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Suddenly Significant Others

Romance on the Field

By Ted Bulicek and Linda Olson

Editor's Note: See also Trial by Team.

Never before had Janice experienced such spiritual intimacy as she had with her teammate Tom. The beauty of Kenya along with the excitement of God’s work in the Kenyan church seemed to help kindle a special warmth between them. After a few late-night conversations, they began to realize that a special relationship was developing. They seemed so perfect together. But they had agreed to the mission board’s policy that they would not use this short-term experience to pursue any kind of dating relationship. What should they do?

Tom and Janice’s experience is not unusual. Short-term experiences seem to encourage intimate relationships. Among a team of short-term missionaries, friendships are often intensified by culture shock, by the narrowed field of relational options, by the long and erratic schedule, and by the bit of loneliness everyone feels. Infatuation can strike with other missionaries, and certainly with people of the host country.

Most mission agencies discourage dating relationships during a summer or year-long venture. Here’s why:

  1. Romance ruins team life. The relationship is exclusive, leaving you cut off from the normal rhythm of team dynamics.
  2. A romantic relationship diverts you from the work. When you are distracted from what God has called you to do, the host church or team can’t accomplish what it hoped to.
  3. You’re the loser in terms of the personal growth you might have experienced during your short term.
  4. Special relationships often wreck the witness of the entire mission to the community, Christian or otherwise. Most short-termers would be horrified to discover what assumptions are made in most other cultures about “small” public displays of affection.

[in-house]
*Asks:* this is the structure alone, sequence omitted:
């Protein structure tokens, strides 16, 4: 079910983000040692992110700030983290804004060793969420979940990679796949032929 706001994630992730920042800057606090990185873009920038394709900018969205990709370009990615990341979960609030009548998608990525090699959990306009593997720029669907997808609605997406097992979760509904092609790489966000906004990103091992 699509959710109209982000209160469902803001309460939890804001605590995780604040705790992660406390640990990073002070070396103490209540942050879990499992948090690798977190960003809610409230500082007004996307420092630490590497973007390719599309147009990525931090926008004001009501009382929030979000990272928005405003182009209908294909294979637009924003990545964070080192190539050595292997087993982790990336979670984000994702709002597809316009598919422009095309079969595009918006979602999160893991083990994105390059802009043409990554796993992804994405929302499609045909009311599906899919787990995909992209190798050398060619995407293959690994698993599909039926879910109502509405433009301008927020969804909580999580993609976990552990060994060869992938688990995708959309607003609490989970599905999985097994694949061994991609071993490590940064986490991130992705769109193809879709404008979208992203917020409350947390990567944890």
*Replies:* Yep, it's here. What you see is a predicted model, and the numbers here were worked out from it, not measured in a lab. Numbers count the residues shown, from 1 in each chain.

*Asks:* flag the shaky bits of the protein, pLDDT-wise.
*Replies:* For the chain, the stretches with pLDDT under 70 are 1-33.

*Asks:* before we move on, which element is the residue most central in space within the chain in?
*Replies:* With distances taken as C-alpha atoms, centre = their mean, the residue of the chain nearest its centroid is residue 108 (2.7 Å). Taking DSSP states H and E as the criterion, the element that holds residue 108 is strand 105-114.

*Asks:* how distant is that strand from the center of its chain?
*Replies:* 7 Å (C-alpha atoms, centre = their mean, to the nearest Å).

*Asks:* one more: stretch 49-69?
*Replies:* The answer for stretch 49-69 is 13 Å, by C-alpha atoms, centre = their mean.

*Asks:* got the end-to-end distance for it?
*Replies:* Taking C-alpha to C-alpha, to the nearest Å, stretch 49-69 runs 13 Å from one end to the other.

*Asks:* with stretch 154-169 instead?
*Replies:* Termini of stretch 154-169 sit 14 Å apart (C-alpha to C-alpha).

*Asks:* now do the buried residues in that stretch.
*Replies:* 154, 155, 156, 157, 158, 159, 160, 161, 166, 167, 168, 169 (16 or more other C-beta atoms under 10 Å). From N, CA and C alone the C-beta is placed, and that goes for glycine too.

The short-term experience is just that – short and intense, lacking a broad “homeside” experience needed to develop and prove solid relationships. Although God could use a short-term experience to introduce you to a mate, in all likelihood it is the intensity of the experience which heightens the need for closeness and bonding.

Keep in mind these guidelines:

  1. Avoid exclusive relationships. Build relationships in the context of your entire team.
  2. Know the cultural rules in male/female relationships. Steer clear of every potentially questionable situation with the opposite sex, regardless of their nationality.
  3. Seek a leader’s counsel immediately if something develops. Talk about things honestly and frankly.
  4. If, through others’ counsel, God seems to be directing your lives together, resolve to wait until you have fulfilled your commitment overseas to pursue the relationship at home.

Reprinted with permission from Stepping Out: A Guide to Short-Term Missions. Copyright 1992, 2010 by Short-Term Missions Advocates, Inc. Updated and Expanded edition 2010. Published by YWAM Publishing.

Teri Bulicek served as Assistant Dean of the Chapel at Gordon College and Linda Olson was National Director of STIM Resources for InterVarsity. Both have been involved in short-terms as singles and marrieds and advised singles before, during, and after short terms.